BELGA/DOPPAGNE

Buizingen rail disaster court case can be held in French

The court case related to the 2010 Buizingen (Flemish Brabant) rail disaster can be held in French after all. Previously a police court had decided that the trial should be held in Dutch, the official language of the place where the accident occurred. The decision to now let the trial take place before a Francophone court has far-reaching implications, not least because a large portion of the thousands of pages of documents relating to the case are in Dutch and must now be translated.

This will probably lead to the start of the case being significantly delayed and could even lead to it exceeding the time limitation set for cases to be held after an alleged offence has been committed.

The train driver’s solicitor had requested that the case be conducted in French as his client was unable to speak or understand Dutch. Previously a police court had decided that the case should be conducted in Dutch however this has now been overruled by the District Court.

The Judicial Authorities could still appeal to the Court of Cassation. The case should have got under way on 14 November. However, the decision to change the language in which it will be conducted could serve to delay it by some time. The case file contains thousands of pages, most of which are in Dutch. All this will now need to be translated into French, a task that will take a considerable amount of time.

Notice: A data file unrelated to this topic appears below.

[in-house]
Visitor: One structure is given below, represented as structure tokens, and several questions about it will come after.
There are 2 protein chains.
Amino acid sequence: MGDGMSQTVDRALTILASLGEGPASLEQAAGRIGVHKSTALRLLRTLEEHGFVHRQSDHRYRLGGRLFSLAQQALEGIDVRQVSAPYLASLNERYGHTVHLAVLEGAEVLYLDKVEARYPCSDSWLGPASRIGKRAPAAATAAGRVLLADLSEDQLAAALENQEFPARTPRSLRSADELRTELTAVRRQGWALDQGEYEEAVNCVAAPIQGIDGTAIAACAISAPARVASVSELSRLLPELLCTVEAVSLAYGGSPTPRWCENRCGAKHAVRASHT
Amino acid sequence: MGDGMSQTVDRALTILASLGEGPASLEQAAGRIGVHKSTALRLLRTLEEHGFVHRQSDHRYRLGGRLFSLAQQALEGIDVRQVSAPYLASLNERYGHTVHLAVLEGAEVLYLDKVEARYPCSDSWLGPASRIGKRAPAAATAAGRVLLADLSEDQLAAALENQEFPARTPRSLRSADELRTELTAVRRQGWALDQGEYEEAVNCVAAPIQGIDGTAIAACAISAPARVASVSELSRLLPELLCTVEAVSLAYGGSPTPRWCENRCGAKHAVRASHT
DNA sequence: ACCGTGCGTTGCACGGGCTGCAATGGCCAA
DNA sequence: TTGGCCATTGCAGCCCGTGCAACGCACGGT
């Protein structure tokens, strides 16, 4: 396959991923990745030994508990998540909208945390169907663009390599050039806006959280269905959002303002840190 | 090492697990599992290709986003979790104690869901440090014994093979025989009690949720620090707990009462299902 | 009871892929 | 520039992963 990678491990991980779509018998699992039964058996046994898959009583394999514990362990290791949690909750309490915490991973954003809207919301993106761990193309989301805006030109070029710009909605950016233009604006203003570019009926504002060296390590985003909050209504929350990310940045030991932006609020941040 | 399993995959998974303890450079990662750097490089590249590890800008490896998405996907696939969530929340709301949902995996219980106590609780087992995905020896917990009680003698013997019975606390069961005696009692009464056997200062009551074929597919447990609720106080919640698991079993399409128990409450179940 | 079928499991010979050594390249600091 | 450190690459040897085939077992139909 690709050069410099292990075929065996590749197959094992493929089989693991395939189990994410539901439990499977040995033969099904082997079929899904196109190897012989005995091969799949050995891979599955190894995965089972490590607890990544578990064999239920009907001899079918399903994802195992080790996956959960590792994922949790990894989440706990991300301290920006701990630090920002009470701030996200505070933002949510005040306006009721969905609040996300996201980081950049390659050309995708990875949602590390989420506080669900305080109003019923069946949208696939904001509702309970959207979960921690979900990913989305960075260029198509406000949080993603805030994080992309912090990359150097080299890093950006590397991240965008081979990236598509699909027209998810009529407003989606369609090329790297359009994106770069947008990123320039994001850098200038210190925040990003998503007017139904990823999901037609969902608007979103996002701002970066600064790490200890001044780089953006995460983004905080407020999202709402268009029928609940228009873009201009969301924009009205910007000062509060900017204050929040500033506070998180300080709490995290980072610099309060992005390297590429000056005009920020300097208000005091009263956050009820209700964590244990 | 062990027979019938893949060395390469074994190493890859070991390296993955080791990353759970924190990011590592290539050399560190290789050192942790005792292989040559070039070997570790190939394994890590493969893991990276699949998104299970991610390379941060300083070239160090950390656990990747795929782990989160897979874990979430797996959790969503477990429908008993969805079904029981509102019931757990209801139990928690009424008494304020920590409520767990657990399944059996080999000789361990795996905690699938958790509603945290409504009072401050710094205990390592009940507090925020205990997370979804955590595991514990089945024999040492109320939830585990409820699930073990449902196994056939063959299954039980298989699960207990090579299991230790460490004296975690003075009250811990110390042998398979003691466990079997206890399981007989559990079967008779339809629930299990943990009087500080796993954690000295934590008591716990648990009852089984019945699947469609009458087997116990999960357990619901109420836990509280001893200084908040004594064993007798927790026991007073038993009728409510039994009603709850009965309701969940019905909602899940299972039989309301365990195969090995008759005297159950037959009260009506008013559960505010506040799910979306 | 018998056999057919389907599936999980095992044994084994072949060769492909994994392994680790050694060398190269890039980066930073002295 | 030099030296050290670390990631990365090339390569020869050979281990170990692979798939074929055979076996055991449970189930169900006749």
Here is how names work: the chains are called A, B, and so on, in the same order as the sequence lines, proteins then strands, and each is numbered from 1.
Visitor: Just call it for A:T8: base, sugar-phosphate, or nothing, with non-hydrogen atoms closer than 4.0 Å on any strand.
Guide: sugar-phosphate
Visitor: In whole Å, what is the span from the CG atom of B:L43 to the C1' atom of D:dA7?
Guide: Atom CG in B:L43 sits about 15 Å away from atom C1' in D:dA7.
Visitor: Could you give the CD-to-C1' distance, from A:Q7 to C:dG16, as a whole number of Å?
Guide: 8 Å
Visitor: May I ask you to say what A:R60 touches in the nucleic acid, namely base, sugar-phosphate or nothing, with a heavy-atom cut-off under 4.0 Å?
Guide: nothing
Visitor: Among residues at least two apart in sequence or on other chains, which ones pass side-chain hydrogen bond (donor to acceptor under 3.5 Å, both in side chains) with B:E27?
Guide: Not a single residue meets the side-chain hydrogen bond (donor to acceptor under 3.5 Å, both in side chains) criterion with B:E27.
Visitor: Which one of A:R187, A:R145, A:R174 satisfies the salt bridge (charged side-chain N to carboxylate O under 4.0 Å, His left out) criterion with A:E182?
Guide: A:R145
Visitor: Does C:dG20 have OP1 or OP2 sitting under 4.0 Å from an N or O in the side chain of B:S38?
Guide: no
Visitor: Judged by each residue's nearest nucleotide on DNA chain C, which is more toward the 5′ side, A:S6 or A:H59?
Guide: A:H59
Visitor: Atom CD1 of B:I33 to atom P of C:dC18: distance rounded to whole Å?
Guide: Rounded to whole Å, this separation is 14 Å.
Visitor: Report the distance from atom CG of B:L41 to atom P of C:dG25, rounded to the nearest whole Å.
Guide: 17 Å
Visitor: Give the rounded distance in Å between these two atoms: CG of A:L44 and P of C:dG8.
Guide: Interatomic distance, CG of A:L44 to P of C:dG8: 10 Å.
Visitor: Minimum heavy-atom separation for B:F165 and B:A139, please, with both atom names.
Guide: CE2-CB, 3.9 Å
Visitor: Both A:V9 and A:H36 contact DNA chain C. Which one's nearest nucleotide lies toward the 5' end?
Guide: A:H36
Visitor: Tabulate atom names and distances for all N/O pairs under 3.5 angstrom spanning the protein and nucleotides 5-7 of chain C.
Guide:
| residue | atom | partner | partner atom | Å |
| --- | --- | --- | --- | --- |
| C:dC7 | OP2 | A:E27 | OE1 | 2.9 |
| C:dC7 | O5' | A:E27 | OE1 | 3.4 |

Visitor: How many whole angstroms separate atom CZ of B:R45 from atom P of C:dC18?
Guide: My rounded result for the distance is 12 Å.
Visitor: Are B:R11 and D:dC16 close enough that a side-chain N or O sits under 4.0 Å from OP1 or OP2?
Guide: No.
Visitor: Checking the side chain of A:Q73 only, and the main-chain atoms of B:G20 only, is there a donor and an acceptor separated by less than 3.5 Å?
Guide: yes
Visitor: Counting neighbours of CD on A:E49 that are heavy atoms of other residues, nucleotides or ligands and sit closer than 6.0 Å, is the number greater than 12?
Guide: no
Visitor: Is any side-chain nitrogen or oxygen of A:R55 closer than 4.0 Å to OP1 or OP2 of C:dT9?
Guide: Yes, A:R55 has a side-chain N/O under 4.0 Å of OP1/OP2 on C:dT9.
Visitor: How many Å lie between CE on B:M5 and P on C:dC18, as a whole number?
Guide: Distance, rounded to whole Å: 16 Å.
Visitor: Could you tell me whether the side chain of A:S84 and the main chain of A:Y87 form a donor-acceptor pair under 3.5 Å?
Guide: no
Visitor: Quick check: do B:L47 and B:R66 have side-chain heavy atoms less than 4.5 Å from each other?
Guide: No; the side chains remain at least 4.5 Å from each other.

The Public Prosecutors’ Office estimates that everything should have been translated by August 2020. However, if this were the case no one could be convicted as the alleged offences would have happed more than 10 years previously.  

The Buizingen rail disaster

On 15 February 2010 two trains collided on a stretch of track in Flemish Brabant village of Buizingen. 19 people died and more than 300 people were in the crash that received global media attention. The investigation into the disaster took least.

The technical complexity and the fact that the investigation was taken over by different teams of investigators several times meant that it wasn’t until now that the case was ready to go to court.

The investigation showed that it is probable that the train driver went through a red signal and that the rail operator NMBS and the rail infrastructure management company Infrabel were also partly responsible as safety measures were lacking.